Two Iranian Christians at their final appeal hearing were ordered by a court to renounce their Christian faith to gain their freedom but they refused to do so.
Christian Solidarity Worldwide said the hearing took place on Tuesday in Tehran, where Christians Saheb Fadaie and Fatemeh Bakhteri were ordered by presiding judges Hassan Babaee and Ahmad Zargar to turn away from their religion.
The believers, who refused to comply, have been convicted of “spreading propaganda against the regime,” and are waiting to hear their final verdict. In September, Fadaie was sentenced to 18 months in prison, along with two years of internal exile, while Bakhteri was sentenced to one year in prison.
The Christians were arrested and convicted for discussing Christian doctrine in a house church, which was deemed to be an attack on Islam, the dominant religion in Iran.
Fadaie is already serving a 10-year prison sentence in the notorious Evin prison in Tehran, convicted in July 2017 along with three other Christians “for acting against national security” by “promoting Zionist Christianity.”
CSW’s Chief Executive Mervyn Thomas argued that Fadaie's and Bakhteri's convictions were not only go against their right to religious freedom, but also “criminalizes the Christian faith, which the Iranian Constitution purports to recognize.”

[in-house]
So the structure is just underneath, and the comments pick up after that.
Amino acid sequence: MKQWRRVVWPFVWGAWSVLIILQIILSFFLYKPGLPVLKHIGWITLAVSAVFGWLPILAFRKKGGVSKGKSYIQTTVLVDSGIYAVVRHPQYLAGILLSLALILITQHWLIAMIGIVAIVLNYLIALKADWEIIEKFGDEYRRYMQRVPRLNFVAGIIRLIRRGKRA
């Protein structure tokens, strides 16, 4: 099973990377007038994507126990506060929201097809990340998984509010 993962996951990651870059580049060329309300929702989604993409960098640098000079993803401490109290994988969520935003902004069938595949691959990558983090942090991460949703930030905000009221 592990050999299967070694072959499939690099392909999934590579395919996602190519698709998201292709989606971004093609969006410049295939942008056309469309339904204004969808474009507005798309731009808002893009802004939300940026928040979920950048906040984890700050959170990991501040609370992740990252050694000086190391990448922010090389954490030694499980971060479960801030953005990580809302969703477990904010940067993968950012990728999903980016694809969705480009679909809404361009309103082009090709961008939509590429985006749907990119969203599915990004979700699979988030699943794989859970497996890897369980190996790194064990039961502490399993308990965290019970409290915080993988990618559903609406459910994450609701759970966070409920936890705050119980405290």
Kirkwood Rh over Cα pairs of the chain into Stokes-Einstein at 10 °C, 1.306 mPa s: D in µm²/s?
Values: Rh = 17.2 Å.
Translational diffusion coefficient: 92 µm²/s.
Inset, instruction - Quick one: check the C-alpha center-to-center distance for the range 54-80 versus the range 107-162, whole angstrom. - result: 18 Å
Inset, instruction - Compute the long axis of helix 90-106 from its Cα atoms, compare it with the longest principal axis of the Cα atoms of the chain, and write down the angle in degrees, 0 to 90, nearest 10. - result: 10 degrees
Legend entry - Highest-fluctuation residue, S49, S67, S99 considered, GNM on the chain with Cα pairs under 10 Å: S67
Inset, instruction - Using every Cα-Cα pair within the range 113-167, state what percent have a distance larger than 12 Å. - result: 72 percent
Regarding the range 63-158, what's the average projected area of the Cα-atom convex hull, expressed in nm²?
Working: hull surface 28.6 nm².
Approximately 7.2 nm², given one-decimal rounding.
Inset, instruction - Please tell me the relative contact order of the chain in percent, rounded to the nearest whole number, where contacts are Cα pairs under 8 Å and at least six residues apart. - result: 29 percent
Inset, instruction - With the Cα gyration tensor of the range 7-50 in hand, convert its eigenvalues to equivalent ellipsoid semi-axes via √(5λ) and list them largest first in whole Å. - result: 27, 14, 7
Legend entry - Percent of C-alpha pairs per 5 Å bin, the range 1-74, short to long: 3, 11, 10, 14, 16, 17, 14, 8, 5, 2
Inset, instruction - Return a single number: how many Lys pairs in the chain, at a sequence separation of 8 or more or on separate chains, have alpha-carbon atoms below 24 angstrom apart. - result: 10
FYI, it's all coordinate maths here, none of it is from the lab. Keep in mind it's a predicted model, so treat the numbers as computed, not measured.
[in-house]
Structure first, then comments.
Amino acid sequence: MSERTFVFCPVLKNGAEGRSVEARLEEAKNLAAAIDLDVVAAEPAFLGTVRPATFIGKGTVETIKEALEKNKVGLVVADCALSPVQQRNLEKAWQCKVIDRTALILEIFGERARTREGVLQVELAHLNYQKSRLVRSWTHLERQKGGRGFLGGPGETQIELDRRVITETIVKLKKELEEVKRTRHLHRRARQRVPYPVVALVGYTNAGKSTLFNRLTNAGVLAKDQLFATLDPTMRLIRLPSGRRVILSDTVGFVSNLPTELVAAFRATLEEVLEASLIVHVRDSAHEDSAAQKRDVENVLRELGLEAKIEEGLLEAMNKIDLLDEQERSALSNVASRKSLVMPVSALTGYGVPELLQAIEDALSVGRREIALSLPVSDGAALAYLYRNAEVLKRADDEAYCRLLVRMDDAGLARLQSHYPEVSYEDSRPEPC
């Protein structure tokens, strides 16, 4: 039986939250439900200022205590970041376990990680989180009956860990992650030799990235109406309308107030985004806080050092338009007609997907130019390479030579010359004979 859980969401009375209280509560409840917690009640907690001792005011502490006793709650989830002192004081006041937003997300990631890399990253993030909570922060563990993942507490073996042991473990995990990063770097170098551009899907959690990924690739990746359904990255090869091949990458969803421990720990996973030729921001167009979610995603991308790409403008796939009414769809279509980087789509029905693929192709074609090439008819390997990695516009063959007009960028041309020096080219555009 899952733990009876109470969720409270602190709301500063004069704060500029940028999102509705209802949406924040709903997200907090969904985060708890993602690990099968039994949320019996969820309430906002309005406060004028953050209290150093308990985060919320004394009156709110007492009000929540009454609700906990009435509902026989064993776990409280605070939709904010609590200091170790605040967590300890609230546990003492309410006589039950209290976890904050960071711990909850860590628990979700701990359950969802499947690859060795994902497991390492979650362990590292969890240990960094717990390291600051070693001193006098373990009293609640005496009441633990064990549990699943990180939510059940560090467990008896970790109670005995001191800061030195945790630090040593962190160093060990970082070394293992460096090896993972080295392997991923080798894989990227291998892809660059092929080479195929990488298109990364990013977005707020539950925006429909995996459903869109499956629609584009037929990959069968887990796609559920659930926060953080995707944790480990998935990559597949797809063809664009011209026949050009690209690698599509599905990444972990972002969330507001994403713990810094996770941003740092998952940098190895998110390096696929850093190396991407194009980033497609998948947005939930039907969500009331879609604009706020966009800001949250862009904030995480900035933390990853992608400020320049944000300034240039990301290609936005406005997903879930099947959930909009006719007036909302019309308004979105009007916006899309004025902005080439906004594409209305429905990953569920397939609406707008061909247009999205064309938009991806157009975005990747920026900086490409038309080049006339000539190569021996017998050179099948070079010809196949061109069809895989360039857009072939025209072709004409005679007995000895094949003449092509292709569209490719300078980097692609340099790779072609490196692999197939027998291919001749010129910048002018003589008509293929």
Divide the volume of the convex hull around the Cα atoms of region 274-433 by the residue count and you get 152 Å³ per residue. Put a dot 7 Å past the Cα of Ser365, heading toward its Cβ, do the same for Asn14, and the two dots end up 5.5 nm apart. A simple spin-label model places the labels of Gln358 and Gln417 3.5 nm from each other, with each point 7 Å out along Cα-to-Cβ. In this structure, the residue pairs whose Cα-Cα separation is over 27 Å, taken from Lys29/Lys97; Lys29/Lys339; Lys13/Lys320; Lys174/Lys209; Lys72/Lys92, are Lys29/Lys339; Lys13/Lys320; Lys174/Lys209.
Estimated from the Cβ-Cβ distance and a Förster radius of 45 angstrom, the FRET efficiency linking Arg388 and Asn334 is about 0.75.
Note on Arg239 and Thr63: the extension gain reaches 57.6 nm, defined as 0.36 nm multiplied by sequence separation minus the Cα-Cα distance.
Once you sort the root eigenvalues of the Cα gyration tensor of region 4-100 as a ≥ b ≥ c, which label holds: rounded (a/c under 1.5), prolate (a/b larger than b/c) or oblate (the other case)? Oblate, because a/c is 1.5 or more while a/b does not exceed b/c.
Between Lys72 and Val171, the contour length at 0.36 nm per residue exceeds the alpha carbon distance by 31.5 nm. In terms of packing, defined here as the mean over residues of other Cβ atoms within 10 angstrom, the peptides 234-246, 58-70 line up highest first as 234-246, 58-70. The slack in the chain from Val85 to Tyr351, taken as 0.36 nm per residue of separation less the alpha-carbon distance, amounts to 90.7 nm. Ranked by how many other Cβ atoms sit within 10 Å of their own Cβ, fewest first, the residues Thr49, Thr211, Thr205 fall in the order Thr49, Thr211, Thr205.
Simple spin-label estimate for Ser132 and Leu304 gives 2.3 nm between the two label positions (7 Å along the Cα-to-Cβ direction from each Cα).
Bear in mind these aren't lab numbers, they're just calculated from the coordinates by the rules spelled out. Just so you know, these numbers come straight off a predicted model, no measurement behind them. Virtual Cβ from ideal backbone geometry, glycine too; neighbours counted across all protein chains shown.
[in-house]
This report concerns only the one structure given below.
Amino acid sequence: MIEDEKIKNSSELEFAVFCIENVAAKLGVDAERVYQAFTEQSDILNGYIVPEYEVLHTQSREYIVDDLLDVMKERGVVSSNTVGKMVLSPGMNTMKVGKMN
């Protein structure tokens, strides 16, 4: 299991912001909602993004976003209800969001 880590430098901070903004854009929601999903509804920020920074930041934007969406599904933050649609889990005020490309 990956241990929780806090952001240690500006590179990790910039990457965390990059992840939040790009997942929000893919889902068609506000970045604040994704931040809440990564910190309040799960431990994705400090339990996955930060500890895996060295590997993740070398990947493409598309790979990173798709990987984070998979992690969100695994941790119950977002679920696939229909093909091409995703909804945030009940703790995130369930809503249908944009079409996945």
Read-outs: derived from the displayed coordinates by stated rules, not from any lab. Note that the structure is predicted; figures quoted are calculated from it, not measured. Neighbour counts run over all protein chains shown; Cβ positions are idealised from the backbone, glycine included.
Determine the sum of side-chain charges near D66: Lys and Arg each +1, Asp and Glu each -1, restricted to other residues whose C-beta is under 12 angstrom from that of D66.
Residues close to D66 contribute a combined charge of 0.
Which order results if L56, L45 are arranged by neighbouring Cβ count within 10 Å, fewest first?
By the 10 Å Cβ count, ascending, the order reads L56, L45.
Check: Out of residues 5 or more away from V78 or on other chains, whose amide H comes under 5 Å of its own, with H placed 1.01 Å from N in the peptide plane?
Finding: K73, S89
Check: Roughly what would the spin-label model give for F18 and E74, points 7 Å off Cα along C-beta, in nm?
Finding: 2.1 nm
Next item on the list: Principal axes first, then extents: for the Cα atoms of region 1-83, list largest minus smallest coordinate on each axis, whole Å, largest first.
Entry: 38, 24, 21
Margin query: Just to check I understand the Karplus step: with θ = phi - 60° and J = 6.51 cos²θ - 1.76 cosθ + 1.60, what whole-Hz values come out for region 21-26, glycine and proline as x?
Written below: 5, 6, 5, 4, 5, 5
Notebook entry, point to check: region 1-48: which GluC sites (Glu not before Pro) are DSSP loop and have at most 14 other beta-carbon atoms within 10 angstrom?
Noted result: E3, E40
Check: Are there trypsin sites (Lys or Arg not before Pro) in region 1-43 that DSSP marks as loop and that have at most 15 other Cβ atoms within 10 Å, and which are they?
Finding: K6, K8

“It is deeply concerning that Judges Babaee and Zargar are presiding over their appeal, especially in view of the unacceptable demand for them to renounce their faith; the rejection by these judges of a previous appeal involving Mr. Fadaie, and the allegations that both judges are implicated in human rights violations,” Thomas added.
The CSW head insisted that the two Christians deserve due process and to have their verdicts overturned.
“We also continue to urge the Iranian government to cease all forms of harassment and intimidation of peaceable religious communities, and to release all those detained in connection with their religion or belief,” he said.
In October, a ministry helping Iranian believers told The Christian Post that it was witnessing one of the "fastest growing underground church movements" in the world.
Mike Ansari, president of Heart4Iran Ministries, told CP that "the persecution of minorities has been a constant under the current Islamic regime in Iran. The Iranian converts to Christianity have been systematically arrested and persecuted as heretics."
He attested that the persecution is stemming from a "historic and organic growth of Christianity inside Iran, evidenced by one of the fastest growing underground church movements in the world."
The ministry leader revealed that most Christians who are arrested "are coerced to divulge information about their house-church activities and those of their friends, under the threat of criminal persecution, or arrest of family members."
In a follow-up interview with CP in November, Ansari said it's important to remember that the Church was strong in Iran even before the rise of Islam.
"Much of today's Islamic world, including Iran, was once Christian. The churches across Iran and Iraq were once great and enduring churches, which sent the first missionaries to China. Yet with [the] emergence of Islam, these communities were marginalized and at times completely destroyed," Ansari said ahead of the International Day of Prayer for the Persecuted Church that month.
"It seems there is an organic re-emergence of Christianity across Iran. God is on the move and building His Church. With growth comes persecution."